It is likely that a desire to answer the “why” question is sometimes a motivator in our over explaining apologies. As children, we are often told to explain our actions and it becomes an anticipated part of conversations when we are “in trouble” with authority. Additionally, we have most likely experienced the “why” question welling up from one of our own wounds and may be trying to satisfy our own need for answers by doing what those who have harmed us will not. However, I suspect that ultimately we hope to turn the other person’s anger, resentment, or hurt into sympathy for us. Like the wild animal that attacks the hand giving a kind gesture and only does so because it is wounded, we want the person we attacked to see us as a victim, too. But unless the action was a mere isolated act of rudeness or unless you are nothing more than a wild animal, this sort of behavior is inappropriate. In truth, it can become a sort of passive-aggressive suffering one-upmanship designed, albeit potentially subconsciously, to make the other person apologize to YOU for not realizing YOUR deeper pain.
And yet if we wait for the “why” question, all the context information we want so desperately to impart becomes not the reason to be excused that we wish it to be but is a response to the other person’s need. That is the beginning of rebuilding and of reconciliation. The person harmed must be given the space to ask their questions and the choice whether or not to ask them at all. This empowers them and begins to restore to them the power they had lost to the one who harmed them. It isn’t by any means, the whole of reconciliation and healing, but it is a move in that direction and it opens the door to it in a way that all our vehement self-justification never could.
So here are some final thoughts I have on apology, both for myself as much as for anyone else. If you are seeking forgiveness for something and find yourself ready to give a laundry list of reasons why you did what you did, stop and think about what you’re really doing.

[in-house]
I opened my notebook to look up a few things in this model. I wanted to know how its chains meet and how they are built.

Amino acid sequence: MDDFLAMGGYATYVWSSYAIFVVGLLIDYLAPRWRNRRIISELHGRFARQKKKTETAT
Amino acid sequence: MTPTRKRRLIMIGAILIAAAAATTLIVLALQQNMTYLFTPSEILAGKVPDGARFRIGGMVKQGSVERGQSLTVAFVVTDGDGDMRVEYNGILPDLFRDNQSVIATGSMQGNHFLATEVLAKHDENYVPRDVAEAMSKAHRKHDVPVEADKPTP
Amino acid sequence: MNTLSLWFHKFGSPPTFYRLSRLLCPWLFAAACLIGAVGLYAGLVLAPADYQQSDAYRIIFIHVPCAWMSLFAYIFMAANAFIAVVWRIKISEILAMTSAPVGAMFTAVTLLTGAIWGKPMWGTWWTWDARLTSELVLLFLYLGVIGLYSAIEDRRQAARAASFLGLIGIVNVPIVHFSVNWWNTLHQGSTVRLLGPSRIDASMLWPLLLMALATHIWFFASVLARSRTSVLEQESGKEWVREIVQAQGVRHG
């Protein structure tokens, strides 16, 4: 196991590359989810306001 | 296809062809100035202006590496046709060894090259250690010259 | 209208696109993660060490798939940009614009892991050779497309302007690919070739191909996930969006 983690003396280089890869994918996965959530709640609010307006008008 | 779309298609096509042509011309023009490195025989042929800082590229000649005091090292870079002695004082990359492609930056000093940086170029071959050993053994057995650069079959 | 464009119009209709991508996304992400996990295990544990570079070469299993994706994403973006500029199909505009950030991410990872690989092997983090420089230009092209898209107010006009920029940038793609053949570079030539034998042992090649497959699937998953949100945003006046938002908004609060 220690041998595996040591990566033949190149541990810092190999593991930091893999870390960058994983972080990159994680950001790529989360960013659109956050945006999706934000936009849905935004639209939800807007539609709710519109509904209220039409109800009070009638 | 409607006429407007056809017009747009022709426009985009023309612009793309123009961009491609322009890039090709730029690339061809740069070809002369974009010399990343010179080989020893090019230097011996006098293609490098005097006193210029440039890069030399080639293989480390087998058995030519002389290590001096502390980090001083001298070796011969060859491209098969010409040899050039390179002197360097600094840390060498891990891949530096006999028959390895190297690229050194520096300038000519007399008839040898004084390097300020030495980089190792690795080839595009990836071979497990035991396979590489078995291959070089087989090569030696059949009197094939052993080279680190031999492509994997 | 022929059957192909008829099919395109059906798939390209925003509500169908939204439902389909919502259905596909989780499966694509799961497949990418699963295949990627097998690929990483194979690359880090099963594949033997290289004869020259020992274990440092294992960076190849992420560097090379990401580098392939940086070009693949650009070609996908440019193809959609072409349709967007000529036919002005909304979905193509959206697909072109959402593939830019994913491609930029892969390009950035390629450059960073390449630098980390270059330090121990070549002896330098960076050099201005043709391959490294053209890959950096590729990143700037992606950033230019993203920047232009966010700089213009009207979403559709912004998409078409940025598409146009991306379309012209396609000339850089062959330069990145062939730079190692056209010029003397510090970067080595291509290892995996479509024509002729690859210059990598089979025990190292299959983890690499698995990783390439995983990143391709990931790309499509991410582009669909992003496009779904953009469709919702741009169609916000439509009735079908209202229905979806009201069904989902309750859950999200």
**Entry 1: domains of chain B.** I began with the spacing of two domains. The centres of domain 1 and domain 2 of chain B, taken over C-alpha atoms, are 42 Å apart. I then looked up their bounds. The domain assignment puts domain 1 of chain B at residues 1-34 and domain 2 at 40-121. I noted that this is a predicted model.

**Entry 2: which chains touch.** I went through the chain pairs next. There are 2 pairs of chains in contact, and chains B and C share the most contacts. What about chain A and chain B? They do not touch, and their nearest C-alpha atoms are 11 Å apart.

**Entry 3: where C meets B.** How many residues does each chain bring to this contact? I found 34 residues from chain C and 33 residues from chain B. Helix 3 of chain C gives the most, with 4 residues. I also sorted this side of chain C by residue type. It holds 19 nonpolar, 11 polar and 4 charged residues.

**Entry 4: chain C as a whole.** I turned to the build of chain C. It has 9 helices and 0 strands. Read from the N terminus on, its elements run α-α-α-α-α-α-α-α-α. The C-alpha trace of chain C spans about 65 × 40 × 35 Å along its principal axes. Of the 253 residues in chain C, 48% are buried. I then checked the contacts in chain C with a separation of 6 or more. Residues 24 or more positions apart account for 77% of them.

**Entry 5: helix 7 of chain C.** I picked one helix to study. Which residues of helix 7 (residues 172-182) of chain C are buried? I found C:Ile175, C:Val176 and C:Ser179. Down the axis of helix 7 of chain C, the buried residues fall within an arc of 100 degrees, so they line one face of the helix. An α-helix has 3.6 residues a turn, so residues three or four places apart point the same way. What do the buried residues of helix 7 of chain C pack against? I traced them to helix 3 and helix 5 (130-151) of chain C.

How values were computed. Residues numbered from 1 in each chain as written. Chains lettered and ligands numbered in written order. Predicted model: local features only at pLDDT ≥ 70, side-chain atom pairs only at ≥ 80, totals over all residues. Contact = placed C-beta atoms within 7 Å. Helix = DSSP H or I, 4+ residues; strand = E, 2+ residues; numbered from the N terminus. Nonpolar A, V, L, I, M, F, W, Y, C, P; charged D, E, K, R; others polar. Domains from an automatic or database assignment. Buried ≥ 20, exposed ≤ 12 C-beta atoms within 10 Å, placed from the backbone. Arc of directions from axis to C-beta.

- Are you afraid they won’t forgive you? Yes, they might not forgive you, but do it anyway. Apologize because it is the right thing for you to do and refrain from passing judgment on what the other person will or will not do. It is not your place to do this.
- Are you afraid you won’t get to share your side of the experience or is there forgiveness the other person should also be seeking from you, too? Well, you might not get to say anything more, but then again it is likely you will. It will be more beneficial to everyone including yourself if you wait for the “why” questions. After the “why”s, dialog is open and you may be able to talk about other issues as well.
- Are you trying to manipulate someone else? Apologies are a cheap and ugly form of emotional manipulation if you are actually not seeking forgiveness and resolution. So don’t do it. Ever. It is truly deeply a lie to do so.
- Are you hurting from the wounds inflicted by someone else that have been motivators for you to hurt the one you wish to apologize to? Remember you are not a wild animal and you are responsible for your own actions. This does not mean you have to beat yourself up eternally for something you did because of your own wounds, but it does mean you need help. So get it. And remember that it is not the fault of anyone you’ve harmed and all the sympathy that they possess cannot heal YOU. They are entitled to their “why” moment just as you are, so make a genuine apology and wait for their “why” and if it doesn’t come that is just fine. But do not wait to get help with your own wounds.
- Are you afraid to admit you were wrong and you screwed up? Join the club! So is the rest of the human race, so know you’re in good company and be honest with yourself and the person you’ve hurt. Own up to it, apologize, don’t say but, and move on.
So what happened to the girl from my childhood who wrote that letter of apology? Actually, I don’t know. I do not know where she is or what she’s doing. I never asked the “why” question because honestly as a grown up I knew why; at least in that general sense of human beings passing along the hurt others have committed and doing things they regret. That is enough for me. I think of this letter every time I need to apologize for something and it is my prayer I will do it with the same sincerity and vulnerability that she did. Her apology was a gift to me, not just because it acknowledged what it did, but also because it has become for me a benchmark of the first steps in reconciliation with others.
*Somewhere a long time ago I read an interesting thing about the word but. It stands for Behold the Undeniable Truth. I’d like to visit my grandmother but it’s raining outside. I’d like to visit my grandmother, behold the undeniable truth, I don’t want to bad enough to put on a raincoat. You get the picture. It is a quite reasonable word to use, but it is important to think about whether or not we’re just saying a nice platitude to cover for what we really feel.